The fiction was generally unremarkable, with few memorable stories being published, particularly in the earlier versions of the magazines. Lowndes spent much effort to set a friendly and engaging tone in both magazines, with letter columns and reader departments that interested fans. He was more successful than Hornig in obtaining good stories, partly because he had good relationships with several well-known and emerging writers. Among the better-known stories he published were "The Liberation of Earth" by William Tenn, and "If I Forget Thee, Oh Earth" by Arthur C. Clarke.

Gombeen man

A Gombeen man is a pejorative Hiberno-English term used in Ireland for a shady, small-time "wheeler-dealer" businessman or politician who is always looking to make a quick profit, often at someone else's expense or through the acceptance of bribes. Its origin is the Irish word "gaimbín", meaning monetary interest. The term referred originally to a money-lender and became associated with those shopkeepers and merchants who exploited the starving during the Irish Famine by selling much-needed food and goods on credit at ruinous interest rates.

List of American films of 2015

This is a list of American films released in 2015.

List of Balliol College, Oxford people

The following is a list of notable people associated with Balliol College, Oxford, including alumni and Masters of the college. When available, year of matriculation is provided in parentheses, as listed in the relevant edition of The Balliol College Register or in the Oxford Dictionary of National Biography. More than one in twenty Balliol alumni are listed in Who's Who.

Complete (or very nearly complete) lists of Fellows and students, arranged by year of matriculation, can be found in the published Balliol College Register; the 1st edition, 2nd edition and 3rd edition.This list of notable alumni consists almost entirely of men, due to the fact that for over seven centuries (1263-1979), women were barred from studying at Balliol.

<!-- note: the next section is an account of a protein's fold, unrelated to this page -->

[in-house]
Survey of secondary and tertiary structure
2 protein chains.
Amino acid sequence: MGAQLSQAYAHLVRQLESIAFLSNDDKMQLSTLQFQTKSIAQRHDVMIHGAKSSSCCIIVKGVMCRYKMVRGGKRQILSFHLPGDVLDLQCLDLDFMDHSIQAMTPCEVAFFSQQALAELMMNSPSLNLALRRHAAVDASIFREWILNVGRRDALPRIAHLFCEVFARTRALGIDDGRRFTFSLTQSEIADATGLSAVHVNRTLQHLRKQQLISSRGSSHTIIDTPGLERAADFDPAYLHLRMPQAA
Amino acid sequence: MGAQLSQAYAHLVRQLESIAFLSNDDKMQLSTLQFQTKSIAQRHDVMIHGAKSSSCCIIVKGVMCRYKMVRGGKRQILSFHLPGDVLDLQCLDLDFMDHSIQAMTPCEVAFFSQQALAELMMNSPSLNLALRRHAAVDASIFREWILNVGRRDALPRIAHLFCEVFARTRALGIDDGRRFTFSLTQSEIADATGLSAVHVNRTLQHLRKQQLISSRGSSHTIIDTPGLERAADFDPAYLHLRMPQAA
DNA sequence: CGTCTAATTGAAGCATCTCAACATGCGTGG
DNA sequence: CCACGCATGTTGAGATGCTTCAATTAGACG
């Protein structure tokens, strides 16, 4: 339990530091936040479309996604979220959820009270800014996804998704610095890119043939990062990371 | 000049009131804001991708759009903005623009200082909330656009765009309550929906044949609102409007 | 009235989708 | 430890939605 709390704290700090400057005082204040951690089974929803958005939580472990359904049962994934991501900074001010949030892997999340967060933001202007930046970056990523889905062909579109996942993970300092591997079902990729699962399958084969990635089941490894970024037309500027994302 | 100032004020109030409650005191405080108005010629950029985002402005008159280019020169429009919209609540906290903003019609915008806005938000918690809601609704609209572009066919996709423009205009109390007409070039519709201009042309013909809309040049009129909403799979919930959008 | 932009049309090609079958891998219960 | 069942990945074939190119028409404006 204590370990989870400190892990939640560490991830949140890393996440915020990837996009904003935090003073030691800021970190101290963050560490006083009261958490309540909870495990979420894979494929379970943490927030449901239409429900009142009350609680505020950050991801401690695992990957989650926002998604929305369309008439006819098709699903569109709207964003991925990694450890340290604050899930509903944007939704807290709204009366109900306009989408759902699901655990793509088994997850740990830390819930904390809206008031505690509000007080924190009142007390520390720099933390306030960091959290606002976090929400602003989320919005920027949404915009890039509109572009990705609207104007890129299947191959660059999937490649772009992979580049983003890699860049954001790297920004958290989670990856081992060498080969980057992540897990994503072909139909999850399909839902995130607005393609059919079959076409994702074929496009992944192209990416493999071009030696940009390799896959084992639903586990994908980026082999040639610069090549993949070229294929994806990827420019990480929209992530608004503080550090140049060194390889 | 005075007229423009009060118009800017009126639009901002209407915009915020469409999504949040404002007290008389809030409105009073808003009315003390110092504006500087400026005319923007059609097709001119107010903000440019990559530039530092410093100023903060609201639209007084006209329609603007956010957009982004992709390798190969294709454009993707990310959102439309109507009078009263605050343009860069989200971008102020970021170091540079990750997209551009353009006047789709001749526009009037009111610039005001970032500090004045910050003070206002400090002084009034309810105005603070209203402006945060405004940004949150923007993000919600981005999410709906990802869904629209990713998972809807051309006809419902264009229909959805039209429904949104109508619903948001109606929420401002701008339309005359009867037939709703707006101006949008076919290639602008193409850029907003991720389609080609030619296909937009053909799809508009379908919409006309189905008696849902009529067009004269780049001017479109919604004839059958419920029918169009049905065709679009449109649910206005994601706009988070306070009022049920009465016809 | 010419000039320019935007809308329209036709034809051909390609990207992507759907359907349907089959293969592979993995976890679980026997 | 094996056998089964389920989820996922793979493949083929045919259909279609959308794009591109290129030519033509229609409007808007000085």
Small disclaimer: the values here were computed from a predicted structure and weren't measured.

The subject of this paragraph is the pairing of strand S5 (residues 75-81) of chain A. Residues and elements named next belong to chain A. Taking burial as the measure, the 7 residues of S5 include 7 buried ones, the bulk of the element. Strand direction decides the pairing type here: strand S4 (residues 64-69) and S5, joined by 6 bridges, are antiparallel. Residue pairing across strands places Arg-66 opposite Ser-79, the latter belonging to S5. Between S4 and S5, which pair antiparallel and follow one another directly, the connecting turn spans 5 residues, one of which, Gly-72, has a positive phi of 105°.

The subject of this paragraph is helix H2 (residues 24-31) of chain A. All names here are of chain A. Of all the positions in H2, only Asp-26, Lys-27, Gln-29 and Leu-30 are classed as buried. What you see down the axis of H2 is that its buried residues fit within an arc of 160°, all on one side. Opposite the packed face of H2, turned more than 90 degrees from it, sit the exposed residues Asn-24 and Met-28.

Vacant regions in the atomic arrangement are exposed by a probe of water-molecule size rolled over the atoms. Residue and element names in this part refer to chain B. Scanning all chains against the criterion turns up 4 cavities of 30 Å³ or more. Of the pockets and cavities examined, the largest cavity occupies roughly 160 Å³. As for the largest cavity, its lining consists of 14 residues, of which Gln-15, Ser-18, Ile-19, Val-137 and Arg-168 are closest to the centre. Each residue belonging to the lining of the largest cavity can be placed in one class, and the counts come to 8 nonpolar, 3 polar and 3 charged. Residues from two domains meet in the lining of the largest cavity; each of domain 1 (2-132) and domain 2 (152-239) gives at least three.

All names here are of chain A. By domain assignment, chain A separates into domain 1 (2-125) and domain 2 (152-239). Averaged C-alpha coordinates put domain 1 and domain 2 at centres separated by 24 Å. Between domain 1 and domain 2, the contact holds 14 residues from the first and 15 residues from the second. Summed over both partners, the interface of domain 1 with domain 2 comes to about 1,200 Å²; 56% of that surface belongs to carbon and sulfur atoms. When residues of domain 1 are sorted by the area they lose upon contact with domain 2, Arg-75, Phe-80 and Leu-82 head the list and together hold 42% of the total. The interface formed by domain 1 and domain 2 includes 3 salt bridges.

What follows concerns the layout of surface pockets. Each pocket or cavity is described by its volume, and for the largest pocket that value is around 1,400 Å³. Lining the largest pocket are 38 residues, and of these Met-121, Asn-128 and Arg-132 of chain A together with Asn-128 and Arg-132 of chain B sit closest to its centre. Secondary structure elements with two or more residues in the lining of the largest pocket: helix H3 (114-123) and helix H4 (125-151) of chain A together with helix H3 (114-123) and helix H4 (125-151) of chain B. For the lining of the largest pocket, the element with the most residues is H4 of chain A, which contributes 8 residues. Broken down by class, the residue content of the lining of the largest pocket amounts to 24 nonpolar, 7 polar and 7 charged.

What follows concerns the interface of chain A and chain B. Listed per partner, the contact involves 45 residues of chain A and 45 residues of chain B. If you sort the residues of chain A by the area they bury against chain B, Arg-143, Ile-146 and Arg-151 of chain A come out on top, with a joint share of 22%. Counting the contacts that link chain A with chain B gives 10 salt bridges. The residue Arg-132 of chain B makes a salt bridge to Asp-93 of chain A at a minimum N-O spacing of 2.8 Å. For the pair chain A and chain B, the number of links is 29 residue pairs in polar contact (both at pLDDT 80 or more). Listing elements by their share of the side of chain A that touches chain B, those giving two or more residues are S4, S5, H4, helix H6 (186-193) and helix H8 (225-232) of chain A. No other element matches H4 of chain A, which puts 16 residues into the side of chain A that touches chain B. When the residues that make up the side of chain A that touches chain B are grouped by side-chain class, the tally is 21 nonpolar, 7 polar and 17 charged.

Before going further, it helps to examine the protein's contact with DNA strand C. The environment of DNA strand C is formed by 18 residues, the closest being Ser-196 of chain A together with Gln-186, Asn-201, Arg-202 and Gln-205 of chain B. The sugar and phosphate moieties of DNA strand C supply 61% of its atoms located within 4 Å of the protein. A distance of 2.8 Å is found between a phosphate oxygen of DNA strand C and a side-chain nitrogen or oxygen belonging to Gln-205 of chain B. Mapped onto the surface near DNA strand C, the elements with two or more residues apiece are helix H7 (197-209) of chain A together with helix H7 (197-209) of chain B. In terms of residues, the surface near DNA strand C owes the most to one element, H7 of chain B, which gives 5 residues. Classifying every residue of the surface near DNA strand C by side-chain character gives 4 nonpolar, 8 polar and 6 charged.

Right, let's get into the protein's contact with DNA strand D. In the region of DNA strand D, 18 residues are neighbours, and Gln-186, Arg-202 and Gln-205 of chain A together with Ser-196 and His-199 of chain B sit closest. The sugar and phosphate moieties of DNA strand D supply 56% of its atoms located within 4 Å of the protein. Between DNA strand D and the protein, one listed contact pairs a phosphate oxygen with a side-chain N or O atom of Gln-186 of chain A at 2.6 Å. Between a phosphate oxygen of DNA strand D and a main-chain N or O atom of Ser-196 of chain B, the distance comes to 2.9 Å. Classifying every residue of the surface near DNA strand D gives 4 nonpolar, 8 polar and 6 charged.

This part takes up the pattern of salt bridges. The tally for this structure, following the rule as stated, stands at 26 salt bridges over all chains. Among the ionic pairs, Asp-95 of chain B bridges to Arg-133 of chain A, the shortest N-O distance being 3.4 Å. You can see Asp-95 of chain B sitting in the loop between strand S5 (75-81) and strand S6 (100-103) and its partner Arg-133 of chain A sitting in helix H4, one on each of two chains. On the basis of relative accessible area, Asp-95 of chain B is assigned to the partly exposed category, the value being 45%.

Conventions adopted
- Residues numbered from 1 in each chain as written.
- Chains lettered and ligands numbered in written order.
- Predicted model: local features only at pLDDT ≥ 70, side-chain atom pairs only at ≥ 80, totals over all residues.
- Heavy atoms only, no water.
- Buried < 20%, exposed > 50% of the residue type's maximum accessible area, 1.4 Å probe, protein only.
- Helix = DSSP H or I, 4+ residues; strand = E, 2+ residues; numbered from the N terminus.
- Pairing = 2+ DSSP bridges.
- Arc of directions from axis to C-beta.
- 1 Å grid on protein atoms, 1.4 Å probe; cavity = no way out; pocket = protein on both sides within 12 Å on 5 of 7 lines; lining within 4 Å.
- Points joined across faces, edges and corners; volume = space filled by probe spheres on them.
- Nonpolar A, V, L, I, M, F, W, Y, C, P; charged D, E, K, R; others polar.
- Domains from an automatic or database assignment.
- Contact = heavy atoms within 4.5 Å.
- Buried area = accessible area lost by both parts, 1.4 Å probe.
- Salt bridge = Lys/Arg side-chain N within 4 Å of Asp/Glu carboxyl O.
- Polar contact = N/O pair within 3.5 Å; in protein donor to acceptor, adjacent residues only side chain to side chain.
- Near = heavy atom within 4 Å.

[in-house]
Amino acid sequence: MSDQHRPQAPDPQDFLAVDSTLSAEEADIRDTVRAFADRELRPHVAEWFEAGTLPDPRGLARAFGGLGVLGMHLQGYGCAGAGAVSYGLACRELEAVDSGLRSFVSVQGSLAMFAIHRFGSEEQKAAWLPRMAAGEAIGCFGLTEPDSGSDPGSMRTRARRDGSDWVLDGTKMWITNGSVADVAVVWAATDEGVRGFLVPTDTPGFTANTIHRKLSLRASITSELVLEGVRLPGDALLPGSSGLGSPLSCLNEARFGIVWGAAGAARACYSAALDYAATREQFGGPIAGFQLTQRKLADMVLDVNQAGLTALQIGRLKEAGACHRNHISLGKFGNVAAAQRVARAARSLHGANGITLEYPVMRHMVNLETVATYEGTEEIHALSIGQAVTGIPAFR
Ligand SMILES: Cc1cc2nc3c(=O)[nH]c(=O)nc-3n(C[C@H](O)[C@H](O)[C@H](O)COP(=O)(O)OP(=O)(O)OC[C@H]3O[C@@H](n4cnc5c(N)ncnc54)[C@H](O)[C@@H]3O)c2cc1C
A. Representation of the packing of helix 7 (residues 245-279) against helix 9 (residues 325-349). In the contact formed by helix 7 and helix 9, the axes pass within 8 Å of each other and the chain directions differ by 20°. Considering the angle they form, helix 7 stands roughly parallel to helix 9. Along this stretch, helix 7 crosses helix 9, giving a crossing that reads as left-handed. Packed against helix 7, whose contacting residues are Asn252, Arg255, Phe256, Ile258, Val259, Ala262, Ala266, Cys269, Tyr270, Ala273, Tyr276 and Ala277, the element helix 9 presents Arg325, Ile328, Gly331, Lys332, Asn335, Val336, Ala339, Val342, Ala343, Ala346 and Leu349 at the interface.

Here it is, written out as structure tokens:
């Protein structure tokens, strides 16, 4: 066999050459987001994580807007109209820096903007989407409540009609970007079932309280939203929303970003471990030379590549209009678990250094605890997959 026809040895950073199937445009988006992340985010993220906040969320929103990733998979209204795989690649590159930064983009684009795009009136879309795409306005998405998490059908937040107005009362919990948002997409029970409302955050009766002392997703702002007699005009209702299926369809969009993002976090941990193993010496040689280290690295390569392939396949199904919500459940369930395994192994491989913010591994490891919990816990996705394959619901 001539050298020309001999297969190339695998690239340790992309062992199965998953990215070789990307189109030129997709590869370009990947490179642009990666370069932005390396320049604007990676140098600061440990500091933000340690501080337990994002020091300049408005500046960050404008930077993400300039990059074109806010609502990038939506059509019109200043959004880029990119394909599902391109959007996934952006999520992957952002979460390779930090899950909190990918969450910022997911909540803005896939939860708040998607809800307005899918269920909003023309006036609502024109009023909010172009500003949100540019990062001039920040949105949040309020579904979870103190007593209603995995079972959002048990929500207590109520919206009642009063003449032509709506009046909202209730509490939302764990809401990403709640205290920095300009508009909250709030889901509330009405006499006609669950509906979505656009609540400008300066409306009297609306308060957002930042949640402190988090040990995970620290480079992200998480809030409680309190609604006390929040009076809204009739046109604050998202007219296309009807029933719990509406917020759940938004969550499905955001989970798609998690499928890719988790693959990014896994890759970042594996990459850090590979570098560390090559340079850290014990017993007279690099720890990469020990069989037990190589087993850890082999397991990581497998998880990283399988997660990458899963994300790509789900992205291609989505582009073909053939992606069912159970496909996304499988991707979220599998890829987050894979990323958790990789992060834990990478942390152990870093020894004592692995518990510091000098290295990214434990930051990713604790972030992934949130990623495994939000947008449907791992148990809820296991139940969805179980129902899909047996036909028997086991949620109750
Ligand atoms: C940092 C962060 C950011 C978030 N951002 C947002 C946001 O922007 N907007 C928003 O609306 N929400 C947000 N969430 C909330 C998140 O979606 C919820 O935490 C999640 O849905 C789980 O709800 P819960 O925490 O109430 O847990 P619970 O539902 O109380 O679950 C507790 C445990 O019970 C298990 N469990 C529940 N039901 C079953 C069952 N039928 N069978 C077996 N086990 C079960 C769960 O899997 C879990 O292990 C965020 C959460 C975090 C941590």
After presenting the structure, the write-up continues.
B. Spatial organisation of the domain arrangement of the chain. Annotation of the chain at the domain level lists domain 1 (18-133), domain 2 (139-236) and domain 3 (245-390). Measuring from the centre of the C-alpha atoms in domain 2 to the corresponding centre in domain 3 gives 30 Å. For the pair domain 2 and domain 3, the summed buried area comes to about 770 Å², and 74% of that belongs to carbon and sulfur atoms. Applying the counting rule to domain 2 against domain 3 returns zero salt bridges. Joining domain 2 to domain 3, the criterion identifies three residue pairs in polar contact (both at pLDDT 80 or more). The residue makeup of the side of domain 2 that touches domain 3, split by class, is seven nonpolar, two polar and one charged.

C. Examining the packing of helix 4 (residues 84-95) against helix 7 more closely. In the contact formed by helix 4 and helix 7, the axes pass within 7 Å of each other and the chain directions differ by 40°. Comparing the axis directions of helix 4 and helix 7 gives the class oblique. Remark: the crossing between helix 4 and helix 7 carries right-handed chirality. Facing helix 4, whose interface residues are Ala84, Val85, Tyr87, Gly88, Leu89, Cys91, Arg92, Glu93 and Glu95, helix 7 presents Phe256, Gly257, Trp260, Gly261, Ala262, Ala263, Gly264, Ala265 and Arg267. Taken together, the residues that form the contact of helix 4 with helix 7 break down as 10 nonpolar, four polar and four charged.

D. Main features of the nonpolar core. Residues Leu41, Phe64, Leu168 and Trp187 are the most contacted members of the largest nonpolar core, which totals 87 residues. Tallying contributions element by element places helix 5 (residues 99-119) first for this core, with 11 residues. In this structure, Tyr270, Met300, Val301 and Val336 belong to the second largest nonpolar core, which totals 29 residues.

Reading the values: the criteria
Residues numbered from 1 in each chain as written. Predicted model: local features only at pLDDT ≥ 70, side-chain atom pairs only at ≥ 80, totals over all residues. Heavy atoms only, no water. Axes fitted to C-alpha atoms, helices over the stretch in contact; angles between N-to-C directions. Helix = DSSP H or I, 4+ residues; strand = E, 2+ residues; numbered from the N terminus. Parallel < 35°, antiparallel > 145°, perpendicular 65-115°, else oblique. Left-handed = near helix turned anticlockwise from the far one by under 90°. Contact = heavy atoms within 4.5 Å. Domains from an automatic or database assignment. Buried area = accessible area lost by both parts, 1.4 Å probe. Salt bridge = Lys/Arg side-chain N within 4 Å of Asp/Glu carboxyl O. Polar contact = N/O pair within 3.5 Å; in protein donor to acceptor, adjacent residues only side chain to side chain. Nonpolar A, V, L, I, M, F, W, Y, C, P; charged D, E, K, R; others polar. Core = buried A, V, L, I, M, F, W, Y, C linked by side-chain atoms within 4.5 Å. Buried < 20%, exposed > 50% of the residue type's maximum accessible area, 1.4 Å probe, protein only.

List of fictional Oxford colleges

Fictional colleges are found in many modern novels, films, and other works of fiction, probably because they allow the author greater licence for invention and a reduced risk of being accused of libel or slander, as might happen if the author depicted unsavory events as occurring at a real-life institution. Below is a list of some of the fictional colleges of the University of Oxford.

Mordecai (disambiguation)

Mordecai is one of the main personalities in the Book of Esther in the Hebrew Bible.

Mordecai or Mordechai may also refer to:

The Mordechai or Mordecai ben Hillel, major Talmudist and posek

Kevin Fertig, American professional wrestler who used the ring name "Mordecai"

Mordecai, a main character in the animated television series Regular Show

"Mordecai", song by Between the Buried and Me

Mordecai, pet hawk in the film The Royal Tenenbaums

Mordecai, synth pop group from Portland, Oregon

Mordecai, band from Vancouver

Mordecai, character in Gearbox Software's Borderlands